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Street Talk: A competitive game
Michigan lawmakers plan to scale back tax break legislation designed to land a mega-Internet data center in the state.
The House's Tax Policy Committee chairman said Thursday the chamber will not pass a Senate-approved bill that would fully exempt data centers from Michigan's personal property tax on business equipment.
Legislators and Gov. Rick Snyder continue to negotiate two other bills Las Vegas-based data center developer Switch wants before building a mega-campus near Grand Rapids. The legislation would completely exempt Internet data centers and their co-located clients from sales and use taxes.
The bills under debate, Senate Bills 616-618, would allow the Switch SuperNAP data center to call the former Steelcase Pyramid home.
Birgit Klohs, president and CEO at The Right Place, said from her organization’s perspective, the legislation would level the playing field with 17 other states, and she appreciates the robust discussion in the House and Senate.
“We are making tax policy, not an incentive policy. This is different,” said Klohs. “I can tell you my colleagues from the surrounding states have already offered Switch alternatives to locate in their states and so far they have said no, but we just have a little bit of time to get this to the finish line.”
Klohs noted the situation really revolves around whether Michigan wants to engage in and support a new industry that could help diversify the state, and is not just about West Michigan or the Pyramid building.
“It just so happened that a company called Switch threw a ball onto the field and said, ‘You weren’t even on our radar screen. We want to come here, and here is what we need to be successful in your state,’” said Klohs. “Clearly, it is a major project, but it is also an industry I hope we want to be at the forefront of and not see the taillights.”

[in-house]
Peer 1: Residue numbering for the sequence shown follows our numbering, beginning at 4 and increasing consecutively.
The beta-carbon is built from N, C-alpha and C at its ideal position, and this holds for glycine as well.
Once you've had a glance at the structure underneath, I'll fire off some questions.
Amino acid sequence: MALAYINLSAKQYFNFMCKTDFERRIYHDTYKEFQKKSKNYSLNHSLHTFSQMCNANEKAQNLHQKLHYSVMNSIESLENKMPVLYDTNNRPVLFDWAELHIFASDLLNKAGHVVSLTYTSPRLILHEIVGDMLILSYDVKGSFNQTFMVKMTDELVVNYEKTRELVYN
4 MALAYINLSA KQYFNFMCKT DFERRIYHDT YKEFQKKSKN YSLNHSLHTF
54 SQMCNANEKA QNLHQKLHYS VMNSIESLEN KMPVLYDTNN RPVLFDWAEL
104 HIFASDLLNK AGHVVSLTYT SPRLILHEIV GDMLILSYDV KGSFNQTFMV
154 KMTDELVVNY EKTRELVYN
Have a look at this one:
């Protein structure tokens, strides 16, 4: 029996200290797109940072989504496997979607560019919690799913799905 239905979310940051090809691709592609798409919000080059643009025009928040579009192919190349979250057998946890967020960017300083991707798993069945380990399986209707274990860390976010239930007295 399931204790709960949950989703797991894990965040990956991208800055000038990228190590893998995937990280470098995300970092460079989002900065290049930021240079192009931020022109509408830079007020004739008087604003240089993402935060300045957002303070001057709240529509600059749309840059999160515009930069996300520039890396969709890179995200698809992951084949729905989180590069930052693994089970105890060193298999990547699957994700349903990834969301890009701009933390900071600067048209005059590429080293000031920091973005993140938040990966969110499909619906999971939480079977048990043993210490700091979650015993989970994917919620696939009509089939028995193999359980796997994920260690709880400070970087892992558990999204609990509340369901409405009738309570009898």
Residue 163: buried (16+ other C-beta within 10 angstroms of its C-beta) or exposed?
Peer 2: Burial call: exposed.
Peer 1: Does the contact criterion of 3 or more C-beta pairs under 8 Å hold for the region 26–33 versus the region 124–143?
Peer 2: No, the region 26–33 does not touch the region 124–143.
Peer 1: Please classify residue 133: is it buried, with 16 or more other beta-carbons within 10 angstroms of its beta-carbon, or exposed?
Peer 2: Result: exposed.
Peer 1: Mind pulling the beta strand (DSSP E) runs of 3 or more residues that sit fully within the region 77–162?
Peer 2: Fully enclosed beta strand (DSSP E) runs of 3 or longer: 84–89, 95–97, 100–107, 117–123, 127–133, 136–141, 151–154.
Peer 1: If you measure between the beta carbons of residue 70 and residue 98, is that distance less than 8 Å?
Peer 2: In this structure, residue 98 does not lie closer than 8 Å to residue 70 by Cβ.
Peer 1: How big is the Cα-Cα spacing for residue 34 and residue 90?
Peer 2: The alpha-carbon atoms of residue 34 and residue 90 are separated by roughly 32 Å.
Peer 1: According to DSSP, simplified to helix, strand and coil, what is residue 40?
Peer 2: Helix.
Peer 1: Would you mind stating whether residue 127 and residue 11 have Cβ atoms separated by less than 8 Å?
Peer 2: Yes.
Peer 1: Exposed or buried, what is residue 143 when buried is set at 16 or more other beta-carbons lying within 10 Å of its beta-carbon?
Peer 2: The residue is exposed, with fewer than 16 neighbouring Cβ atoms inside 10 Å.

She indicated at this point the decision is a “do or die” for the Switch project, and if the state is unable to move policy forward in a way ensuring its competitive edge among other upper Midwestern states, Michigan could lose its place “in the potential lineup in the industry.”
A manufacturer and a law firm are the latest West Michigan organizations to earn national recognition.
Stryker Corp. of Kalamazoo was named 43rd on a list honoring the 50 Best Places to Work by Glassdoor, a jobs and recruiting marketplace. The list, now in its eighth year, is determined by feedback from “those who really know a company best” — employees.
Employees nominate their companies by submitting an anonymous review on the Glassdoor website. Glassdoor said it received more than 1.6 million company reviews this year.
Employees are asked to share their opinion on the best reasons to work for their employer, as well as any downsides, and are encouraged to provide advice to management.
They also are asked to rate how satisfied they are with their employer overall, their CEO, and key workplace attributes such as career opportunities, compensation and benefits, culture and values, senior management and work-life balance.
Employees also are asked whether they would recommend their employer to a friend and their opinion of the employer’s business outlook in the next six months.
A Stryker director who submitted a review to Glassdoor said Stryker is a “big organization that has kept the small company feel. [It] feels like working amongst long-time friends, which builds a culture of employees invested in each other as well as the company's long-term success.”